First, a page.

Wednesday, May 21, 2008

Burning the New Testament - fighting the Jewish Messianic missionaries in Israel II

The following article was sent by Penina Taylor. It provides a better context for the events than does the Jerusalem Post article previously posted

Taking out The Trash

Penina Taylor - Executive Director of the Jerusalem Center of Jews for Judaism

(Op Ed published on Israelenews and Israelinsider)

It was reported yesterday by several major news outlets that recently the religious Jews of Or Yehuda set fire to hundreds of copies of the New Testament. Ha’aretz called it “the latest act of violence against Christian missionaries in the Holy Land.” Calev Myers, attorney representing the Messianic communities of Israel called for the people who did it to be brought to trial. But brought to trial for what?

The people who burned these books broke no law. Despite the allusions being made to the burning of Jewish holy books during the times of the inquisition or the holocaust, there is absolutely no comparison here. The New Testaments had been basically thrown out – they were garbage, and there is no law against incinerating garbage, even by religious Jews, even in public.

First let’s look at the whole story. The town of mostly religious Jews had recently been targeted by missionaries, a form of harassment. The missionaries were not invited to come, they invaded, and in the wake of their invasion, they left hundreds, maybe even thousands of New Testaments and other missionary literature. The townspeople were in a quandary – what to do with this heresy that they did not want in their homes? So, the Deputy Mayor came up with a solution. He offered to take the unwanted trash off the residents’ hands and dispose of them in such a way that made it clear and in no uncertain terms that such literature was not only unsolicited, but unwelcome.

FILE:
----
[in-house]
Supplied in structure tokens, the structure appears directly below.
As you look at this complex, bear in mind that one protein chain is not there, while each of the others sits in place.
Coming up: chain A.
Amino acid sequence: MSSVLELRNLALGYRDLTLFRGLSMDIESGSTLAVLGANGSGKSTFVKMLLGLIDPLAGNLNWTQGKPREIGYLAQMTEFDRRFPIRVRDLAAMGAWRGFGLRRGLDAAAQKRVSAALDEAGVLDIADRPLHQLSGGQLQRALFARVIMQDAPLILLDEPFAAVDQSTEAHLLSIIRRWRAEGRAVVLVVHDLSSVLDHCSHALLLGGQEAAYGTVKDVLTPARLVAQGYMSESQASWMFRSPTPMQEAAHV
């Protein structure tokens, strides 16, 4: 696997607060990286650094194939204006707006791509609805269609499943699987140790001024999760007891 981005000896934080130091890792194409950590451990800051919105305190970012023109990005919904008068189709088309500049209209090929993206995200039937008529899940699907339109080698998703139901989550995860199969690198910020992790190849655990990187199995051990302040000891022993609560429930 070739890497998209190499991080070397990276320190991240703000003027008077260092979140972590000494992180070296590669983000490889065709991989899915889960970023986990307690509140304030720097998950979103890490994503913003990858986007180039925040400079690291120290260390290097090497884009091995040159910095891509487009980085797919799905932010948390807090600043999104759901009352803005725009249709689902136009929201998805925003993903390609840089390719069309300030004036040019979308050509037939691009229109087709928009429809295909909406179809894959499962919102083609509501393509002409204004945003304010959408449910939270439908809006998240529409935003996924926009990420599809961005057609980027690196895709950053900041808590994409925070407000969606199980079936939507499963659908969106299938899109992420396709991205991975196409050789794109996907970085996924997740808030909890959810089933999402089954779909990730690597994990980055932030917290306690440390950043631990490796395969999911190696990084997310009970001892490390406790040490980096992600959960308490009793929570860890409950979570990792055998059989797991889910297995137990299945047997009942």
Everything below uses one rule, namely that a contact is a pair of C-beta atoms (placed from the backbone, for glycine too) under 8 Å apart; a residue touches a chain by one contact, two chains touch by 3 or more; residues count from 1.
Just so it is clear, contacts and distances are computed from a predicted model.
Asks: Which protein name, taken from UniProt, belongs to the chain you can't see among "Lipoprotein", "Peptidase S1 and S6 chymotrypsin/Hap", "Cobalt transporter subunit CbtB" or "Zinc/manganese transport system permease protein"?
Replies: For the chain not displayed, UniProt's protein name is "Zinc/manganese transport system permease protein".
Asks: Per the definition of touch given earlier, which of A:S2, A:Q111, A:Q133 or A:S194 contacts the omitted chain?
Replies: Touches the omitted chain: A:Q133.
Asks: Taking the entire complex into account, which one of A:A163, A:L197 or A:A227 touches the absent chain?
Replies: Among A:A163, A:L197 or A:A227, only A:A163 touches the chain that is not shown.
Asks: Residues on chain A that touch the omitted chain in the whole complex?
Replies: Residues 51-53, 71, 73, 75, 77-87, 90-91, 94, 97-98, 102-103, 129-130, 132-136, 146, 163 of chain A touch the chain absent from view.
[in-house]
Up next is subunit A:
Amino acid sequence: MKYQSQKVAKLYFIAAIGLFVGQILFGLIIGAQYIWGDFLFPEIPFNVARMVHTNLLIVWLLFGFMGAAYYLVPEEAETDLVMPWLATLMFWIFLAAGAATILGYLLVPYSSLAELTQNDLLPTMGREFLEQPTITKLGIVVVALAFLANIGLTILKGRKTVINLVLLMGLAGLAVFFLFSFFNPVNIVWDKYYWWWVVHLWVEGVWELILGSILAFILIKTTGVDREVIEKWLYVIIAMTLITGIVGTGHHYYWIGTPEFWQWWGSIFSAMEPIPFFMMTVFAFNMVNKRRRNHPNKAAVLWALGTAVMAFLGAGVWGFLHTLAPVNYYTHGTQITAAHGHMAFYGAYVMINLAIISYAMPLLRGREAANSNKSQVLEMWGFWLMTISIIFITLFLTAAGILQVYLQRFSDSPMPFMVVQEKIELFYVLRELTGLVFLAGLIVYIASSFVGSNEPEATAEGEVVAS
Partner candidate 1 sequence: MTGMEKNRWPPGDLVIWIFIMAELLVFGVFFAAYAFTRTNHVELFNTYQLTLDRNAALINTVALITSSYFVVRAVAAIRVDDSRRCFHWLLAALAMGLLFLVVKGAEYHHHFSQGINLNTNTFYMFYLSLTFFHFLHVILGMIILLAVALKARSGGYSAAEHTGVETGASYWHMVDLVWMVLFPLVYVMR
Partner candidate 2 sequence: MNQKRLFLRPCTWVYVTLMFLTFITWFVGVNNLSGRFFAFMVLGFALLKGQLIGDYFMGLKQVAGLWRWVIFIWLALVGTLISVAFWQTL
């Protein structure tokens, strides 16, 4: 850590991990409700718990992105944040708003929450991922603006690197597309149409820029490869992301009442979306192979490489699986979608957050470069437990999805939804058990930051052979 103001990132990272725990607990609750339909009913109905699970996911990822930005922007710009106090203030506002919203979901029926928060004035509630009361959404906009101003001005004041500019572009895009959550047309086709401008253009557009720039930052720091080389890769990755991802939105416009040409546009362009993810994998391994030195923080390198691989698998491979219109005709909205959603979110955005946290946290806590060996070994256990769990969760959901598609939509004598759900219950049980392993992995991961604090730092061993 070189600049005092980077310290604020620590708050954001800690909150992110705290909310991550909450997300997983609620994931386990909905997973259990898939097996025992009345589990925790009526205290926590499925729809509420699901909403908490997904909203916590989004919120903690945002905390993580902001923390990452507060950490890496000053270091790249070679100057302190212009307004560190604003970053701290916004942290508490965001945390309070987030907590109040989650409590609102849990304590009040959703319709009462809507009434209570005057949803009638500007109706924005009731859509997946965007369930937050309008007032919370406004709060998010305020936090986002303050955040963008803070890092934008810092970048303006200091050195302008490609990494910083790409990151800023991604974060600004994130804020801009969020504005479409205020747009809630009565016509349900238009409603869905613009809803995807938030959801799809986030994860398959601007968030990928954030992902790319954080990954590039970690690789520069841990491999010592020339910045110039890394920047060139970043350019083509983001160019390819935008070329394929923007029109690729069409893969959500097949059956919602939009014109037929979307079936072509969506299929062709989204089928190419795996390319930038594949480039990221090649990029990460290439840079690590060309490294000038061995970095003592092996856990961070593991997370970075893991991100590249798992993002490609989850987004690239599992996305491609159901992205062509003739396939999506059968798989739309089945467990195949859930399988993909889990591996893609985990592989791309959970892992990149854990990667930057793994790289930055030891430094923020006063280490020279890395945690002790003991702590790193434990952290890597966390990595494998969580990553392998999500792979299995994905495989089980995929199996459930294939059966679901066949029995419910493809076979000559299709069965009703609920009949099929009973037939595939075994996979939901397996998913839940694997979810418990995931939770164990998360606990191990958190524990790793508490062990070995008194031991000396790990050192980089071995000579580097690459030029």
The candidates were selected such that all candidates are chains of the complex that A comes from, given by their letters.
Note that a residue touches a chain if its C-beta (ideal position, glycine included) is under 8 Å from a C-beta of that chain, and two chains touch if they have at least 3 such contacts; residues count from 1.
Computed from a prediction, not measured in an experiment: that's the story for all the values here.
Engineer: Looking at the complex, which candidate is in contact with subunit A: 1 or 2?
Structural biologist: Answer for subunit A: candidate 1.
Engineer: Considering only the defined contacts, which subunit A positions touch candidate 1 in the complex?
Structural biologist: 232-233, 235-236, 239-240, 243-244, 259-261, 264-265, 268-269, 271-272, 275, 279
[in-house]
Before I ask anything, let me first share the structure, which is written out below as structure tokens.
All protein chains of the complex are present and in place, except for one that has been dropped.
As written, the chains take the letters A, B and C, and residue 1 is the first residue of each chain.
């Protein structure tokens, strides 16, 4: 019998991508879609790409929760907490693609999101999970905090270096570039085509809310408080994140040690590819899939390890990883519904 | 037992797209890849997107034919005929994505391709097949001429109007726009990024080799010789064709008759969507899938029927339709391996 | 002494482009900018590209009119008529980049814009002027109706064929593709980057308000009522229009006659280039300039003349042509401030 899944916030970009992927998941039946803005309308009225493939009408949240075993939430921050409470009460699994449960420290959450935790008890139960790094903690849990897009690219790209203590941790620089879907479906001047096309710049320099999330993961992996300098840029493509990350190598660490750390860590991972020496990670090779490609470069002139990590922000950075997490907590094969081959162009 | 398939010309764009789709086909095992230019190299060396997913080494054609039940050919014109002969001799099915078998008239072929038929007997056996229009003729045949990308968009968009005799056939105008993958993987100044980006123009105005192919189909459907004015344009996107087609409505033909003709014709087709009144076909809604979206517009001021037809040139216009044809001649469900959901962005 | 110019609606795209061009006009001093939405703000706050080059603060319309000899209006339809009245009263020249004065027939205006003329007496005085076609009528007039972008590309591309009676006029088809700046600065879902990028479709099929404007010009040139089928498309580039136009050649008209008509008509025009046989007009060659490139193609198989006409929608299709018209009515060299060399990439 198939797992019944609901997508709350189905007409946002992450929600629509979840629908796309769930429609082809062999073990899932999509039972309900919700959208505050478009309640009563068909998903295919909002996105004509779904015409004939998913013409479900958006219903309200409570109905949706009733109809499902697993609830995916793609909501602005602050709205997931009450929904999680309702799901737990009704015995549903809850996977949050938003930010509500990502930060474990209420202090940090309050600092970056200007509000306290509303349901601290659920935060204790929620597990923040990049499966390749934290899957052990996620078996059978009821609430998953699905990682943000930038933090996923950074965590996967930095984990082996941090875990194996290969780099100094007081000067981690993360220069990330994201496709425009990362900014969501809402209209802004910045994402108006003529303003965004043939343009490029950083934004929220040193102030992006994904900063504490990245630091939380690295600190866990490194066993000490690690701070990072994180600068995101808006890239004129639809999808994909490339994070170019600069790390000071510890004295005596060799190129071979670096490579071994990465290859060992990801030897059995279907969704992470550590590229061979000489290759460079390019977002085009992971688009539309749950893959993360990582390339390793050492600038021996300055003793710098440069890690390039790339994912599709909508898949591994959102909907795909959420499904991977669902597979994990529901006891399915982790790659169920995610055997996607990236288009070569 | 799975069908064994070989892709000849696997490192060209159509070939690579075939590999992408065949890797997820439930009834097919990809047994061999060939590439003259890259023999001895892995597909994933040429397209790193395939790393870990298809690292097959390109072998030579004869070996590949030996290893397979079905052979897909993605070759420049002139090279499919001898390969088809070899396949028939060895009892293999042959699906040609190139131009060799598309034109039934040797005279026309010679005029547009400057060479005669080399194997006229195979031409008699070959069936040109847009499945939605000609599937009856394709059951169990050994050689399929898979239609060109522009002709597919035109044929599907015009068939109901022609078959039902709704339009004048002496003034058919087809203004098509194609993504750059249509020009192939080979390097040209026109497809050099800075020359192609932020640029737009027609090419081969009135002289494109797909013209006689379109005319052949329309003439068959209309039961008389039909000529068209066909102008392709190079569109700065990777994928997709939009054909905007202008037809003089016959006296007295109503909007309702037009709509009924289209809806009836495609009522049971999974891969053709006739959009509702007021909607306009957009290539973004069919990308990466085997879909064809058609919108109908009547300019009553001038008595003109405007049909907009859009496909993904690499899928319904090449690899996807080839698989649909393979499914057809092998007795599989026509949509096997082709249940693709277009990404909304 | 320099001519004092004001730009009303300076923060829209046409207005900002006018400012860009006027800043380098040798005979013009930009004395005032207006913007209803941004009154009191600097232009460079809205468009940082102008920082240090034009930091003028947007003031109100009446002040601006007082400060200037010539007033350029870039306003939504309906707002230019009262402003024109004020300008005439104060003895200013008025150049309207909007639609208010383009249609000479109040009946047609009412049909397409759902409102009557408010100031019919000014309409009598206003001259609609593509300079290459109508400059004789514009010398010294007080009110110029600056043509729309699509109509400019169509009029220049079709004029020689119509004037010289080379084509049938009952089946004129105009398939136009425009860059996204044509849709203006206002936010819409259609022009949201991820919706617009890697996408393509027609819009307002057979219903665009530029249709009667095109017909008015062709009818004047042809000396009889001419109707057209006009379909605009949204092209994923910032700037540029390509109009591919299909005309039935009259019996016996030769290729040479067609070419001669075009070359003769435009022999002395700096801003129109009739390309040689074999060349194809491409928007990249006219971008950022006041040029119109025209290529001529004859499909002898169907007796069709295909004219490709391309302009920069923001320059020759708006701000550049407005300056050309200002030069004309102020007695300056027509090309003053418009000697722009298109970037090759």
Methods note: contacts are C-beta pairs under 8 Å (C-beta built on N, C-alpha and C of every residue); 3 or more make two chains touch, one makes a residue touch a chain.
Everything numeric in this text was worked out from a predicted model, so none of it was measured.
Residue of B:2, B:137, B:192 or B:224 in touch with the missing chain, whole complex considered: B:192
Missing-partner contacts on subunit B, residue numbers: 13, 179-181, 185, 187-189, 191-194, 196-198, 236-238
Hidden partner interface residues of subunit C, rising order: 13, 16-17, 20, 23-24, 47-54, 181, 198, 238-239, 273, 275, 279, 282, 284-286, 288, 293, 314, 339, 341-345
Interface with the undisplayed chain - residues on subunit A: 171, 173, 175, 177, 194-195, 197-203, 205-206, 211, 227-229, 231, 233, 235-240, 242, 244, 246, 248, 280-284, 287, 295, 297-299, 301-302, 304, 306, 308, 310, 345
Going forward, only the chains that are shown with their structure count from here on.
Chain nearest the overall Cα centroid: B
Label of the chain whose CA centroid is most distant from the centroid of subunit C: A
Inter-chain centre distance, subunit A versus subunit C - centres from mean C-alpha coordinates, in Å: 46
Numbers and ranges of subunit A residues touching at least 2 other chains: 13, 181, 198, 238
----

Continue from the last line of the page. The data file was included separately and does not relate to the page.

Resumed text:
Like a modern day King Josiah, Deputy Mayor Uzi Aharon set out to unburden the citizenry he was sworn to serve, and they gave him the unwanted materials willingly. In the book of 2 Kings, chapter 22 and in 2 Chronicles 34, we read the story of King Josiah who took the throne at the age of eight years old. It is said of him, “And he did what was right in the sight of the Lord, and walked in all the ways of his father David; he did not turn aside to the right hand or to the left. ” (2 Kings 22:2) – a claim that no Christian would deny. And yet, we read in 2 Chronicles 34:33 that “Josiah removed all the abominations from all the country that belonged to the children of Israel, and made all who were present in Israel diligently serve the Lord their God. All his days they did not depart from following the Lord God of their fathers.”

Now, King Josiah removed the objects of heresy and idolatry forcibly, he did not give the citizens a choice in the matter, including regarding their service to God and this is where the two stories diverge. Truth be told, we could go on about how the burning of the New Testaments was simply an exercise in freedom of expression or even freedom of religion, which Israel claims to be why proselytizing is no longer illegal in the land. But the bottom line is this: there was no persecution or violence against Christians here, and no one was forced to do anything he/she didn’t want to do. If anything, it is the missionaries who are guilty and deserve to be brought to trial for mass harassment, not to mention the countless number of trees who senselessly gave their lives for the printing of the unwanted material and the ridiculous amount of space this story is now taking up on web pages and newspapers the world over.